The third in a growing number of cases filed against Johnson & Johnson – the world's most popular talcum powder product manufacturer – just ended with a jury awarding the plaintiff more than $70 million.
Deborah Giannecchini of Modesto received $70.1 million after her 2012 diagnosis of advanced ovarian cancer she claimed was linked to her more than 45 years of use of Johnson & Johnson Baby Powder. The recent ruling was the third of its kind this year, after two additional plaintiffs received multi-million awards after making similar claims. Johnson & Johnson maintains its product is safe and plans to appeal all three of the losses.
Talc and Cancer
Evidence that use of products containing talc leads to cancer continues to grow. Talc is a naturally occurring soft mineral that is crushed into white powder. It has been used in cosmetic and personal care products for decades, and Johnson & Johnson began using it in its popular baby powder product as early as 1894.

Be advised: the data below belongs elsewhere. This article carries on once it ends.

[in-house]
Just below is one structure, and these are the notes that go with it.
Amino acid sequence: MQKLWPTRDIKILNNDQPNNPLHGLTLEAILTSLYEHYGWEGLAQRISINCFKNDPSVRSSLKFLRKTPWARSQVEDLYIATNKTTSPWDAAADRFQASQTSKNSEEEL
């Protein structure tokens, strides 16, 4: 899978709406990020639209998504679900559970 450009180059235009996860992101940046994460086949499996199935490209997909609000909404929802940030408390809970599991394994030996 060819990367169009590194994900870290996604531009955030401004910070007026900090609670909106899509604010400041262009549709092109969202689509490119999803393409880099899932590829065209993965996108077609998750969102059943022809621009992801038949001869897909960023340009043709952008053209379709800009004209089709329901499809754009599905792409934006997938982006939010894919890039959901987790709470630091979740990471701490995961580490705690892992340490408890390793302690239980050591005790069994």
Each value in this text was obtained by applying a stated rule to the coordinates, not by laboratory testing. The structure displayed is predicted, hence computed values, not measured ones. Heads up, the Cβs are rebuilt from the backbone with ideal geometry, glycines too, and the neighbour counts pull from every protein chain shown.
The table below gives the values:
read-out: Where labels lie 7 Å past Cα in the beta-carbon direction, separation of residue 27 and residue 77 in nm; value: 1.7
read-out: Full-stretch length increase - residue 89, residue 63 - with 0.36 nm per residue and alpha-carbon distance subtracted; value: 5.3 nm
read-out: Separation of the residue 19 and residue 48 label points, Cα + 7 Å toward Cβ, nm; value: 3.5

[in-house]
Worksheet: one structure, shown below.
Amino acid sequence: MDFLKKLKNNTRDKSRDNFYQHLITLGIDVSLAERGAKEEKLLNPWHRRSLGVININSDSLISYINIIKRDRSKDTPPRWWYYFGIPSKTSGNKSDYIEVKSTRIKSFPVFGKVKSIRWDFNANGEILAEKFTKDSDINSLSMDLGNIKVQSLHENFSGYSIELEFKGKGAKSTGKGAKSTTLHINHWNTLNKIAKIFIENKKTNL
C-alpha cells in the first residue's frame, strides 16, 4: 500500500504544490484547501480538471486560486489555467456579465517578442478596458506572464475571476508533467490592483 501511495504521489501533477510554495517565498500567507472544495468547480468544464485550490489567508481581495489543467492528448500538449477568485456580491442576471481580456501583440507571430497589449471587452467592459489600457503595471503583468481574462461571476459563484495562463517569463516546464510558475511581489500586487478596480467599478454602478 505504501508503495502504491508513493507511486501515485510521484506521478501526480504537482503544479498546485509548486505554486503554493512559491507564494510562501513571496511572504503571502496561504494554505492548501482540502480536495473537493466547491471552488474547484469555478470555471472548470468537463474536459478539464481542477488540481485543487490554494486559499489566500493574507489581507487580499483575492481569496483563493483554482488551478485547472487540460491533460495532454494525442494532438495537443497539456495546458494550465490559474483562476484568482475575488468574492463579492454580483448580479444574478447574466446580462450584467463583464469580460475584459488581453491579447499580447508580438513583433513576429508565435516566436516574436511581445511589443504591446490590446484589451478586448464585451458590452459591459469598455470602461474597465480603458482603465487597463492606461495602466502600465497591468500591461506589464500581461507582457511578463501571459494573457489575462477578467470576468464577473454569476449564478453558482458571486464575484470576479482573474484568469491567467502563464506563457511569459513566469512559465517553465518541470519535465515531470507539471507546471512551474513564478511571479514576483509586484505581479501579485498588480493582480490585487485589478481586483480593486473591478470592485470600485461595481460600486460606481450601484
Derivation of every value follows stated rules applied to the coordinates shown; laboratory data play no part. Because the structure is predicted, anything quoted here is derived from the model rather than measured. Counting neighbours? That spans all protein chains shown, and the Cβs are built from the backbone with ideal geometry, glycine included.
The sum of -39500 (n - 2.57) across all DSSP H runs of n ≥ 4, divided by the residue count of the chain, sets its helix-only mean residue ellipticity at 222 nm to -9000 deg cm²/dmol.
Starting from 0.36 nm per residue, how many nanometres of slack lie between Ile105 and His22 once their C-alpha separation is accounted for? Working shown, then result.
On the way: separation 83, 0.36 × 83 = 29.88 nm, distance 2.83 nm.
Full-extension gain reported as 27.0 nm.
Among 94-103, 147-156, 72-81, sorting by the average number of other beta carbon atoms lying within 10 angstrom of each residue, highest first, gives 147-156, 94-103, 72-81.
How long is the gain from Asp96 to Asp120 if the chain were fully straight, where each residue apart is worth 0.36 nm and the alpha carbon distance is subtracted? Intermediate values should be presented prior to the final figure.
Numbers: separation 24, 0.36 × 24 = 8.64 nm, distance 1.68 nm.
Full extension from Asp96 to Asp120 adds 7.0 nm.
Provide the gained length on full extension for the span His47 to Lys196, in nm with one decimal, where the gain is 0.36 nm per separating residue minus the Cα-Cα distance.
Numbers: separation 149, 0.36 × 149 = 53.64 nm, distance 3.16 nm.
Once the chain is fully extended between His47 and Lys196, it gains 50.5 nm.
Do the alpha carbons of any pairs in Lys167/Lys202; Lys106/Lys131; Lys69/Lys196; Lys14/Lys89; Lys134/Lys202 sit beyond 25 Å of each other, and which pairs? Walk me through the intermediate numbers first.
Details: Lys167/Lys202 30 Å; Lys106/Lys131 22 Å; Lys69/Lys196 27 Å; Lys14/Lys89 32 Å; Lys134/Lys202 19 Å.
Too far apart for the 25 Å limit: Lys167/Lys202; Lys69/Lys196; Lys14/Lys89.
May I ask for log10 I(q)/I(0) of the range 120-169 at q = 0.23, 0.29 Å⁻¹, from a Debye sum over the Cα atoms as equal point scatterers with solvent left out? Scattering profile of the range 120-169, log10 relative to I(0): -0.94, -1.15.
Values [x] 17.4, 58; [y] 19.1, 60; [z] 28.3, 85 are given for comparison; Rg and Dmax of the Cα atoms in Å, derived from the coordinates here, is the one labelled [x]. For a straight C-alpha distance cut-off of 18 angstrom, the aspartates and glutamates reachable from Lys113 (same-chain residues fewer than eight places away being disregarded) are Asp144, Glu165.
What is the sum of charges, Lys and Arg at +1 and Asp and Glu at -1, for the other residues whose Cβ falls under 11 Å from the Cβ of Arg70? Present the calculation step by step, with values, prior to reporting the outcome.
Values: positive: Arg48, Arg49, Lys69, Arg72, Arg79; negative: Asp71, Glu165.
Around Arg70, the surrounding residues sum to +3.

Johnson & Johnson continues to market its products as safe and denies any link between talc and cancer, despite the thousands of lawsuits the company faces from women who developed ovarian cancer they believe is linked to their use of the products.
Juries Continue to Find in Favor of Talc Users
In addition to the Giannecchini verdict, there have been multiple awards ordered earlier in the year, including one for $72 million to the family of Jackie Fox, a woman who died of ovarian cancer after using Johnson & Johnson powder product her whole life.
The Fox award included $62 million in punitive damages, seen as an effort by the jury to punish Johnson & Johnson for disregarding the health and safety of consumers by not warning talc users of the potential link between its powder products and cancer.
If you or a loved one has been diagnosed with ovarian cancer after using powder hygiene products containing talc, we want to know about it. These body powders are still on the market and widely used by consumers, despite the potential danger.